Rebluing a Ruger Superblackhawk


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PaulTX
June 2, 2004, 01:02 AM
I'm looking for a recommendation for a gunsmith in the Denton, Plano, Fort Worth, or Dallas, Texas area to reblue my Bisley .44 magnum. Do you have a gunsmith you'd like to recommend to me?

Thanks,
Paul

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Badger Arms
June 2, 2004, 02:55 AM
Send the gun back to Ruger. They do a much better job. Cheaper too.

1911Tuner
June 2, 2004, 06:52 AM
Just my 2% of a buck...A blue-worn pistol or revolver has a bit of "character" that the pristine examples just don't have...especially the
single-actions and the old GI 1911s...:cool:

Luck!

Tuner

Old Fuff
June 2, 2004, 10:25 AM
I second what Tuner said unless there is some rust on the gun. However if you do decide to have the revolver refinished keep in mind that the factory (in this case Ruger) is set up to correctly polish their own products, and a top-quality re-blue job depends on how well the gun is polished before it’s blued. There is also a question about your frame – do you want it blued or refinished to look like it was case-hardened?

PaulTX
June 2, 2004, 04:18 PM
I hadn't thought about sending it back to Ruger - didn't know they provided that particular service. Thanks to all for the input. I agree a firearm with some honest wear develops some character. The pistol doesn't have any rust, the metal is smooth with no pitting. The bluing is just getting very thin on the barrel and cylinder and looks uneven overall. Well, I'll have to look it the pistol and think about it some more. I'm not trying to make it a fancy piece, just a good "working man's" gun. I was thinking about a new bluing job and not a case-hardening type.

Another Question

Last night I put in a knurled, standard size, Belt Mountain base pin to replace the stock pin. I had read very good things about BM. The base pin appears to fit fine with no modification required. The cylinder play is noticeably better - although with the stock pin the play wasn't any worse than a newer Ruger I checked out. The only problem encountered was about one in 10 times of cocking the hammer the hammer will catch on it's rearward movement about 3/8" to 1/2" from the frame. The safety slide (can't remember the correct name - it moves up to cover the firing pin when the trigger is pulled) is not catching on the slightly protruding firing pin so the base pin is doing it's job. Any ideas on what can be causing this catch at times?

This Bisley .44 with a 4-5/8" barrel is quickly becoming one of my favorite pistols! From cowboy type loads (heavy bullet, low velocity) to the heavy stuff it is a pleasure to shoot!

Thanks,
Paul

1911Tuner
June 2, 2004, 04:25 PM
Howdy paul,

Put out a call to Dave Sample. He's an old single-action smith and can probably put his finger on it. For my input, I'd guess that the play that it took out of the cylinder may have put the back into contact with the recoil shield...but that's just a WAG.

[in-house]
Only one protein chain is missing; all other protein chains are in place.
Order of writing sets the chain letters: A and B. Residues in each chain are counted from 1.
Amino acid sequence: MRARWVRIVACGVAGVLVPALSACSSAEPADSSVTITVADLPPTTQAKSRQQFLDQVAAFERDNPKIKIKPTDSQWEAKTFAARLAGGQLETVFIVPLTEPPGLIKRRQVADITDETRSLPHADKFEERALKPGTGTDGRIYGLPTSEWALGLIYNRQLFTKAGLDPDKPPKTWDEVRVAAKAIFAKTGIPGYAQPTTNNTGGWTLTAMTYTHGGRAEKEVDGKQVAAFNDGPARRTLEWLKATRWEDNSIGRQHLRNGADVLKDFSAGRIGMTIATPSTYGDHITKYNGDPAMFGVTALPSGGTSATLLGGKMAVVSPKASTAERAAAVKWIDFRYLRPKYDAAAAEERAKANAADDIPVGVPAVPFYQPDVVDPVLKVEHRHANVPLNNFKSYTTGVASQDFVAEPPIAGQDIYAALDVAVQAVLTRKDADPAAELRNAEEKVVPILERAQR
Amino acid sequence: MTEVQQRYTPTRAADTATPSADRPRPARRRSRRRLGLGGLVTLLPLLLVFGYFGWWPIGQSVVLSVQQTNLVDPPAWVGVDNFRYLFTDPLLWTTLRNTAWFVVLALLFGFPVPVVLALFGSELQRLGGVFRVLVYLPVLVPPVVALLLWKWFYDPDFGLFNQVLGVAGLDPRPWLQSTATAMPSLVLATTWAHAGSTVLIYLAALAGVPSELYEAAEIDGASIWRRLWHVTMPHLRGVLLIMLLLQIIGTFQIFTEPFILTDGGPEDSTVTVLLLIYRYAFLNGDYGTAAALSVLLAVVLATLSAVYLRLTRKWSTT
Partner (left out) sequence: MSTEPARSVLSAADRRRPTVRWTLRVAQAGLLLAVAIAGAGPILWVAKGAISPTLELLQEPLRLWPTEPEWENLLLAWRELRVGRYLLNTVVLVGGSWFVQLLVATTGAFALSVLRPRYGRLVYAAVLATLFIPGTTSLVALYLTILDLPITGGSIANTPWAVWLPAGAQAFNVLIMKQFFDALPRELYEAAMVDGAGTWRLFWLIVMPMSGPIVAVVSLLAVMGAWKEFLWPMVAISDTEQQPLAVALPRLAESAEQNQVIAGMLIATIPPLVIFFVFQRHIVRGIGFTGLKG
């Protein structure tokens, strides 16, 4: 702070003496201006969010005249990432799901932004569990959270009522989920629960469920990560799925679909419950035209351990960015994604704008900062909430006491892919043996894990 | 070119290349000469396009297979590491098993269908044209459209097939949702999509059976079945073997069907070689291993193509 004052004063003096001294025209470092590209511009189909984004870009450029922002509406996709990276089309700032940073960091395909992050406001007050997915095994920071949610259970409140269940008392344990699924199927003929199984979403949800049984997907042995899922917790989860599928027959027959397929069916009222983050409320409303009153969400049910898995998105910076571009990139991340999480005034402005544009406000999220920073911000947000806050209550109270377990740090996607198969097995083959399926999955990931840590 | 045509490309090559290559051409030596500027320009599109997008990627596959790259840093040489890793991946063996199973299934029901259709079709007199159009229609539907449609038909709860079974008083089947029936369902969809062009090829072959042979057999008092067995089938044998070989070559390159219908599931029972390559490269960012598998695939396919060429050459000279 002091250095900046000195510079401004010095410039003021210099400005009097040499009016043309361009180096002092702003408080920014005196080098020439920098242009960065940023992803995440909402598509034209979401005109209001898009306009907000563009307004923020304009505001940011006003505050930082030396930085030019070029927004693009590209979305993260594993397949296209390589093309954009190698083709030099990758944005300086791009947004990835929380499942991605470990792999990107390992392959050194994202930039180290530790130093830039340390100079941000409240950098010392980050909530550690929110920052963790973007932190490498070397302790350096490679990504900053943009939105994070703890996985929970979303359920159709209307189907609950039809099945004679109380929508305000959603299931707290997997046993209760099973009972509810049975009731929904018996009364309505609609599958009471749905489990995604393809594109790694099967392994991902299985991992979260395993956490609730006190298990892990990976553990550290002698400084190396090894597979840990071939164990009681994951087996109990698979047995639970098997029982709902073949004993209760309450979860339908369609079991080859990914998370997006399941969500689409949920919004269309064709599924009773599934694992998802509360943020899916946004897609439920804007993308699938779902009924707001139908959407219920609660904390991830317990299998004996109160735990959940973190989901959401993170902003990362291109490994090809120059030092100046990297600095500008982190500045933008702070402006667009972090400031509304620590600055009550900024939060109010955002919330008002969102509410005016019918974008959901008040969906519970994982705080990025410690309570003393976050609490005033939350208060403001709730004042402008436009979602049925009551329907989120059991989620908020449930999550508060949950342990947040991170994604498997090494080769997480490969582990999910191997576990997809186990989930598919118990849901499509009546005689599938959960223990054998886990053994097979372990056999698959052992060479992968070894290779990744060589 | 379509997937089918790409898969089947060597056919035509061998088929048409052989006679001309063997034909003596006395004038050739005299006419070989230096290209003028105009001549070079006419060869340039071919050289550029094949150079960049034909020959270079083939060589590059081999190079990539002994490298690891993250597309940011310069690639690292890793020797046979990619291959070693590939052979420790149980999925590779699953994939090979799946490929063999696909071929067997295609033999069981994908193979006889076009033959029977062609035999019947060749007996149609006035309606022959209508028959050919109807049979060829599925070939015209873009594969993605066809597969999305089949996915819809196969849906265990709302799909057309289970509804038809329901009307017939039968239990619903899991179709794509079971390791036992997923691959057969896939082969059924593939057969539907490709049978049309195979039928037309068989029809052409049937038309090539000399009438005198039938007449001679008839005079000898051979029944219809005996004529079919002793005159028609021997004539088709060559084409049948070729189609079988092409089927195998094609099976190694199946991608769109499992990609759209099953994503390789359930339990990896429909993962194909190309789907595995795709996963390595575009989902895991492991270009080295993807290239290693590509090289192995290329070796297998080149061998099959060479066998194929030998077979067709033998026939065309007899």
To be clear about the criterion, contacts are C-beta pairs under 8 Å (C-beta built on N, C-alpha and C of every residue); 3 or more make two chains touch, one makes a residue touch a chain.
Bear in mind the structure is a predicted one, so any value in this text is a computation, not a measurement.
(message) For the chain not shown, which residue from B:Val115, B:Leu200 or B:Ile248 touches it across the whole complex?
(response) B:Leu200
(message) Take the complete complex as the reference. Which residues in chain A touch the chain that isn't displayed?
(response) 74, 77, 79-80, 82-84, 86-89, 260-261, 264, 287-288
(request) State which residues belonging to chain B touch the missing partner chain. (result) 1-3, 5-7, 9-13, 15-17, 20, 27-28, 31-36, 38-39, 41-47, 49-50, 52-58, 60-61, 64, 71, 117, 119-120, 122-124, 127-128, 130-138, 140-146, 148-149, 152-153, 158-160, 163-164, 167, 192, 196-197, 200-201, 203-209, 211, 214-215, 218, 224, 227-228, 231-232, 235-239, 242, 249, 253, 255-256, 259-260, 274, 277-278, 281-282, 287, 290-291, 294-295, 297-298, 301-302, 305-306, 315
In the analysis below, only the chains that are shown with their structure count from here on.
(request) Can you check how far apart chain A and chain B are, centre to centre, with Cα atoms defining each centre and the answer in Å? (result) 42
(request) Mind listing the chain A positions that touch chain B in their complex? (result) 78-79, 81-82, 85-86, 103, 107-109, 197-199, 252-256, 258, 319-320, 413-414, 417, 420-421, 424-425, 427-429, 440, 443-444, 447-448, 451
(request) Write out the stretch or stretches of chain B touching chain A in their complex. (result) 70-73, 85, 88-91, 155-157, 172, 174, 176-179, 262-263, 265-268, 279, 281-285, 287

Luck!

Tuner

PaulTX
June 3, 2004, 12:08 AM
How do I contact Dave Sample?

1911Tuner
June 3, 2004, 02:39 AM
He's a forum member, but doesn't take PMs or E-mail, last I checked. Just
start a thread that calls his attention. He may be on vacation...Ain't heard a peep out of him for a few days. If so, BillZ can reach him.

Luck!

Tuner

Old Fuff
June 3, 2004, 10:54 AM
Remove the cylinder and then replace the base pin. Cock and fire the revolver a bit and see if the hammer still hangs up. If it does the problem has something too do with the new pin. If not, then it’s likely that with the cylinder having less rotational play there is a slight mis-match between the lower tooth on the hand and the cylinder’s ratchet.

After replacing the cylinder see if the hang-up occurs on a particular chamber, or on several ones. You can mark the questionable chamber(s) with a wax pencil.

1911Tuner
June 3, 2004, 05:58 PM
You go Fuff! That'll teach Sample ta go on vacation...:D

I saw a Ruger Vaquero that was hangin' up a few months ago. The
cylinder was draggin' a tiny bit on the recoil shield on half the cylinder...kinda like a wobble effect, and it looked to be due to the cylinder pin bein' drilled at a slight angle...or as near as I could determine with an eyeball check. I thought that this might possibly be the problem on this one, and the tighter fit pin could have removed the slack that let it spin easy and free before installation.

Fuff's diagnosis makes more sense. Might need to have the hand and ratchet tweaked. Not an expensive job, though.

Luck!

Tuner

Old Fuff
June 3, 2004, 09:19 PM
It is quite possible that the cylinder pin hole is drilled off center, and the ratchet face mignt be cut at an angle, or one of the ratchet teeth might be shallow, or ....

But first we need to know if the cylinder pin alone will cause the "hitch" that was described. I sort of doubt it, but we need to get past square one before we can go on to the next one.

1911Tuner
June 4, 2004, 06:26 AM
Payin' attention here. We got many many cowboy action shooters here'bouts, and when they ask me about a problem with a single-action, I
usually wind up shruggin' my shoulders if it's not an obvious thing...

Hmmm...1873Tuner. Has a nice ring to it, don't it? :cool: Wonder if they'll
let me double register under that nic too....:p (Ain't holdin' my breath)

PaulTX
June 4, 2004, 03:48 PM
Thanks for the "testing procedure" Fuff! I'll work with it some more. I would bet you have identified the trouble spot.

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